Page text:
When we live a traumatic experience, it remains imprinted in our brain and is not always accessible cognitively and through language. Art therapy can be a tool to help us get in touch with these remote parts of our mind and to be able to ‘narrate’ the trauma in a constructive and protected way with a view to recovery.
The techniques and methods used to assist people in expressing themselves in an artistic and alternative way are different, ranging from the use of colours to the manipulation of materials; artistic skills are not required, but the willingness to accept a different proposal to express oneself and to be followed by a person with the relevant skills. Art therapy is a tool to support the caregiver and a valuable opportunity for the patient to foster the development of his or her personality and gain self-awareness.
The project “art in the places of care” was born within the framework of a training course called DNA, created by the Health and Care Area in partnership with the Hollister/Dansac company and aimed at over 20 stoma nurses from all over Italy.
The aim of this initiative, which was strongly supported by this group of stomatherapists, was to introduce art into places of care, in particular for people who have suffered the trauma of having an ostomy performed, i.e. a surgical intervention on the intestine or urinary tract, changing the appearance of their body.
From an operational point of view, work was carried out on two levels: on the one hand, the spaces of the hospital have been made more welcoming through the presence of the beauty of art (aesthetic dimension); on the other hand, work was carried out to allow people with ostomy, especially in the most difficult phase of managing the trauma, to express themselves through artistic expression (educational dimension), exploiting the self-reflective and self-formative value of this practice, contributing to giving meaning and significance to what is happening.
As far as spaces are concerned, an “art gallery” was set up in the Surgical Ward of the Maggiore Hospital in Bologna, with works created by guests with disabilities from the L’Arche community in Quarto Inferiore (BO) under the expert guidance of painter Rita Mangano (ISTUD). Seven paintings, as many as the colours of the rainbow, each with a message addressed to those who live the experience of ostomy, through the use of colour and Alternative Augmentative Communication, a mode of expression to support those who can not express themselves through traditional channels of communication. A project with a strong artistic and social value, where the beauty went beyond the aesthetics of the installation and focused more on the energy and emotional dynamics that it generated in the people who created the work and in those who benefit from it as they walk through the corridors of the surgery ward.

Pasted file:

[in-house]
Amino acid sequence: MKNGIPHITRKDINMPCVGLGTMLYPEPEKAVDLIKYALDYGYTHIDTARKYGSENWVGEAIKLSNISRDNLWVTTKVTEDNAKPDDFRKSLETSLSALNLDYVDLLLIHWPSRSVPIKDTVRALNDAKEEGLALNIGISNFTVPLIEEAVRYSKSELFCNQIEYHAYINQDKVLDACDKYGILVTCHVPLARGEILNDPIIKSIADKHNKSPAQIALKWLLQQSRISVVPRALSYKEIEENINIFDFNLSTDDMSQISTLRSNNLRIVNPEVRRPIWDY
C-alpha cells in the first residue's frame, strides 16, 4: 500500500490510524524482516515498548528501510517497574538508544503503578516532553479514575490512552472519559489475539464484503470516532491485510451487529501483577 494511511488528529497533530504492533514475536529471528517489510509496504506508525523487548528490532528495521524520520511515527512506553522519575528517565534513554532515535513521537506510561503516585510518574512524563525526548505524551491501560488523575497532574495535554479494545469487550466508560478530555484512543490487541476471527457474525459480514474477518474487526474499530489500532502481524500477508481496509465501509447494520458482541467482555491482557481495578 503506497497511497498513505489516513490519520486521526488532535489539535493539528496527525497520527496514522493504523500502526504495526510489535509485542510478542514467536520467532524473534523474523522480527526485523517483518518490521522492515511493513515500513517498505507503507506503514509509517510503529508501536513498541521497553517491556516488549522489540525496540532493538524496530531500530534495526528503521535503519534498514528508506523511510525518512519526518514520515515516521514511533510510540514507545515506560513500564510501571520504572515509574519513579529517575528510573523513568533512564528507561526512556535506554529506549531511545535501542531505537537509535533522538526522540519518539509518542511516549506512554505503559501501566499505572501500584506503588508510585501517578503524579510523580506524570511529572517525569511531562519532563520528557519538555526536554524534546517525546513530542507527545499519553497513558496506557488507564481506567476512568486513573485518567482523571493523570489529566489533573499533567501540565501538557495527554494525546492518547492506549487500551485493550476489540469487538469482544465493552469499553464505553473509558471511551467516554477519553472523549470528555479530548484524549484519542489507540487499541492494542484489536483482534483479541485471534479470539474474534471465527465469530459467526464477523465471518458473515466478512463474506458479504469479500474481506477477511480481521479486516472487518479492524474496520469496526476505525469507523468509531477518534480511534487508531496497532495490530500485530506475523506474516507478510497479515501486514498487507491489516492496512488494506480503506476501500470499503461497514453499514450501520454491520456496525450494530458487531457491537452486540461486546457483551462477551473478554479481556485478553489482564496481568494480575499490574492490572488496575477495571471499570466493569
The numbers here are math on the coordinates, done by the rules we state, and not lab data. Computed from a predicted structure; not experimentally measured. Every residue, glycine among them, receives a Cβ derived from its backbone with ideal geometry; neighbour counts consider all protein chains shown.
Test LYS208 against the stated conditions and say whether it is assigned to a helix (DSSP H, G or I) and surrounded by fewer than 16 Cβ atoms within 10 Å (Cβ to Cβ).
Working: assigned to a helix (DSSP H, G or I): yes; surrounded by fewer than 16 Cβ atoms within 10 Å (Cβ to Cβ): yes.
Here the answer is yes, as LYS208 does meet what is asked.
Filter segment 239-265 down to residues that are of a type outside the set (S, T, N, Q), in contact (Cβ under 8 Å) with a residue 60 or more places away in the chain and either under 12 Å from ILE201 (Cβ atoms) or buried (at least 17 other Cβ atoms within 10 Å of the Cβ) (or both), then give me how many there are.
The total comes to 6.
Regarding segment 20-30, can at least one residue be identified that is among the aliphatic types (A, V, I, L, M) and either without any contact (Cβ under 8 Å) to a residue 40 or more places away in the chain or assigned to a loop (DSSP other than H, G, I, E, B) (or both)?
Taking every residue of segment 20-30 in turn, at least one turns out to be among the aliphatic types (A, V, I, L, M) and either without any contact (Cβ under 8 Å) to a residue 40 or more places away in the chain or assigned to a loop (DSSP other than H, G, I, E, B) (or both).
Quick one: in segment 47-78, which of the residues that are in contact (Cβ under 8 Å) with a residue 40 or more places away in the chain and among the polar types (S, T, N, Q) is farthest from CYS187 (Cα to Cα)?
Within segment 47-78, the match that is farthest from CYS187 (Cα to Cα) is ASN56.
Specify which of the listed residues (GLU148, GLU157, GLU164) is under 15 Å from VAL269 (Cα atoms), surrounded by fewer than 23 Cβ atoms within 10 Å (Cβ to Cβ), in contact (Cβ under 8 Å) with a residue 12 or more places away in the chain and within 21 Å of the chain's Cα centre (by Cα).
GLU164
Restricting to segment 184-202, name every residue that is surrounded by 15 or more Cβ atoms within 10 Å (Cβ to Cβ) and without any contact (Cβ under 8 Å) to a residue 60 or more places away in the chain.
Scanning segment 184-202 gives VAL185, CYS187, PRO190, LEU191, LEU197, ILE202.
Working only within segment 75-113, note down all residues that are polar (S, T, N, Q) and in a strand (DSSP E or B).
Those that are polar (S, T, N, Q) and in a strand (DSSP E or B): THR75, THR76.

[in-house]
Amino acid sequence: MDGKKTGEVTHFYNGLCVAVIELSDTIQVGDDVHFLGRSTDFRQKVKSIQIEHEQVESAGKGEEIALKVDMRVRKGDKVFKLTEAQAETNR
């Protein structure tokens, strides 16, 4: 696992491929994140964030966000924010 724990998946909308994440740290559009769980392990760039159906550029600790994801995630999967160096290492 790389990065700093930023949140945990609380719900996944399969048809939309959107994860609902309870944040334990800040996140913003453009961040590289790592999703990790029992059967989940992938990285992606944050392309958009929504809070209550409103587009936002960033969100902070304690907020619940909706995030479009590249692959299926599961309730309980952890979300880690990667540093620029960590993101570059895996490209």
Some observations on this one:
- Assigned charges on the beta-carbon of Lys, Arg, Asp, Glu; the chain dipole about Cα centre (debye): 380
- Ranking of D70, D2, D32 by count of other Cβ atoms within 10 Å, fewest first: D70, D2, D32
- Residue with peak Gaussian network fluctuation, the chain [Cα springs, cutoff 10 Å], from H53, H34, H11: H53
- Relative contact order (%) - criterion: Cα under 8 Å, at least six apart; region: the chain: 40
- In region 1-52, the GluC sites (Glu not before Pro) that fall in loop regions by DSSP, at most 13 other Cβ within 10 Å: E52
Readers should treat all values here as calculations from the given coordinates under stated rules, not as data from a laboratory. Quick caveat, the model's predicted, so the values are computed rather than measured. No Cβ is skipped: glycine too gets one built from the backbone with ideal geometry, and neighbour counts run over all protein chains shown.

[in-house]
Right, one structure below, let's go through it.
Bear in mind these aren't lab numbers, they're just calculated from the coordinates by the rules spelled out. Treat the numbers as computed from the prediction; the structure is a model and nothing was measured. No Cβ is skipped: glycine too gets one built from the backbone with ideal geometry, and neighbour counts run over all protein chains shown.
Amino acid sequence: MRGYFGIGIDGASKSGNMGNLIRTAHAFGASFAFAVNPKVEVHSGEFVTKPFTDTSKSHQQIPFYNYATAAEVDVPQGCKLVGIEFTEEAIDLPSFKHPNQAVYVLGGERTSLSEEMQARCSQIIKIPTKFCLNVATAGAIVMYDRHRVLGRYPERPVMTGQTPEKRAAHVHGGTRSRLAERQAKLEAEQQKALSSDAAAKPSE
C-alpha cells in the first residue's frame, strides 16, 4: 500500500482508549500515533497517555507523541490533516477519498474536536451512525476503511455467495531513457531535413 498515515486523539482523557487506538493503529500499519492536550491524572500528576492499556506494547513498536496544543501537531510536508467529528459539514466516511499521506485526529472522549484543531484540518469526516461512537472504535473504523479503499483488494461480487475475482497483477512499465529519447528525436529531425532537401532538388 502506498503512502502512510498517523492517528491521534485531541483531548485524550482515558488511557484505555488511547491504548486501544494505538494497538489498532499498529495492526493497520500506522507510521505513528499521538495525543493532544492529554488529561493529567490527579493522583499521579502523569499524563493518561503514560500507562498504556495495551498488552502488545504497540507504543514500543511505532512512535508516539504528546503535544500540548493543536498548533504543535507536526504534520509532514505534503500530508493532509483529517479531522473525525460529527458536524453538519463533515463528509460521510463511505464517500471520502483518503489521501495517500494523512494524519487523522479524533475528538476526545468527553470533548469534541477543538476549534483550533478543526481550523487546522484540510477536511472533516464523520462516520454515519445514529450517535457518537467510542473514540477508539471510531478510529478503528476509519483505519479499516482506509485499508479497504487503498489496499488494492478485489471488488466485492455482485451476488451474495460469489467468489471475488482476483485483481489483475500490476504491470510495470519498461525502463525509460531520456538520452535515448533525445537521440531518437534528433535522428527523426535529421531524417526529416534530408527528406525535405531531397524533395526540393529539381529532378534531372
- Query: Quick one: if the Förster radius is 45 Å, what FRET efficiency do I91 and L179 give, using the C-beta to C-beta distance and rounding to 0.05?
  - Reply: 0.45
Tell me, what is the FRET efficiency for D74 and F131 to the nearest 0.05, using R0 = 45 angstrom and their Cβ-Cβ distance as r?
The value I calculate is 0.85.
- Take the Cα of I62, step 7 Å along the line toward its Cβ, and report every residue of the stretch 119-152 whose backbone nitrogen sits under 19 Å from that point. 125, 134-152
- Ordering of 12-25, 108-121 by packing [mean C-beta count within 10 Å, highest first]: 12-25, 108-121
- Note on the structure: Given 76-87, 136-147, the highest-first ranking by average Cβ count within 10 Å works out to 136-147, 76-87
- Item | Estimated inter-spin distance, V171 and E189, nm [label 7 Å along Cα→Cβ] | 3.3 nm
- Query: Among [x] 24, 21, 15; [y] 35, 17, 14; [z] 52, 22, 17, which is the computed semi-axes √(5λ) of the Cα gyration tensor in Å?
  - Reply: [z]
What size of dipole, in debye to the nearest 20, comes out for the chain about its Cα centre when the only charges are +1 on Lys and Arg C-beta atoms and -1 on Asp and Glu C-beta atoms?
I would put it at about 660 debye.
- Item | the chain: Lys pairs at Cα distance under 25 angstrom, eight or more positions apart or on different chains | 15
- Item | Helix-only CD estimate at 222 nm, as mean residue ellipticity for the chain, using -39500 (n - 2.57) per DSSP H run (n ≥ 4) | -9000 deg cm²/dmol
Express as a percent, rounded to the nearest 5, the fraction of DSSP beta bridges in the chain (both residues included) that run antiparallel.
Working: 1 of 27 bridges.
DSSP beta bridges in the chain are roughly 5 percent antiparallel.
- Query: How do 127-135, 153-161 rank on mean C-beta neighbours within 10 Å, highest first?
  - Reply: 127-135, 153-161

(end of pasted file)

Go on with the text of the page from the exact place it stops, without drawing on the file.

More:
As far as self-expression through art therapy is concerned, the ASST Fatebenefratelli Sacco and the Policlinico di Milano Ospedale Maggiore were involved. Starting from the real narratives of people with ostomy collected in these two hospitals, a “alternanza scuola-lavoro” project was launched with a class from the Liceo Artistico U. Boccioni in Milan to let the students know what the ostomy experience consists of, and give them the opportunity to be inspired and create sketches and representations to be given to people with ostomy in order to enable them to practise art therapy.
The works created by these students were collected in a volume, giving life to a real publishing project, called “COOL Colours”.
This initiative has had multiple purposes: to give people with ostomy surgery the possibility of benefiting from a different expressive modality (colour, drawing) in order to help alleviate a particularly difficult moment in their treatment pathway; to allow the high school students to approach and understand the experiences of illness and at the same time to put their artistic skills into practice for the realisation of a concrete work on commission; to give the hospital companies the possibility of providing their patients with a new tool which is the result of the collaboration between the school and the hospital.
Here are the voices of some people who have had the opportunity to express themselves through art therapy:
“Colouring calms me down, it helps me think positively”
“It has allowed me not to think, to do something without any purpose, but only for the pleasure of doing it”
“I realised that when I finished colouring I felt relaxed and less stressed”.
The book, which was presented on 27 May, will be distributed in the main Italian hospitals to people with ostomy, giving them the opportunity to indulge in art therapy practices through the use of colours and drawing.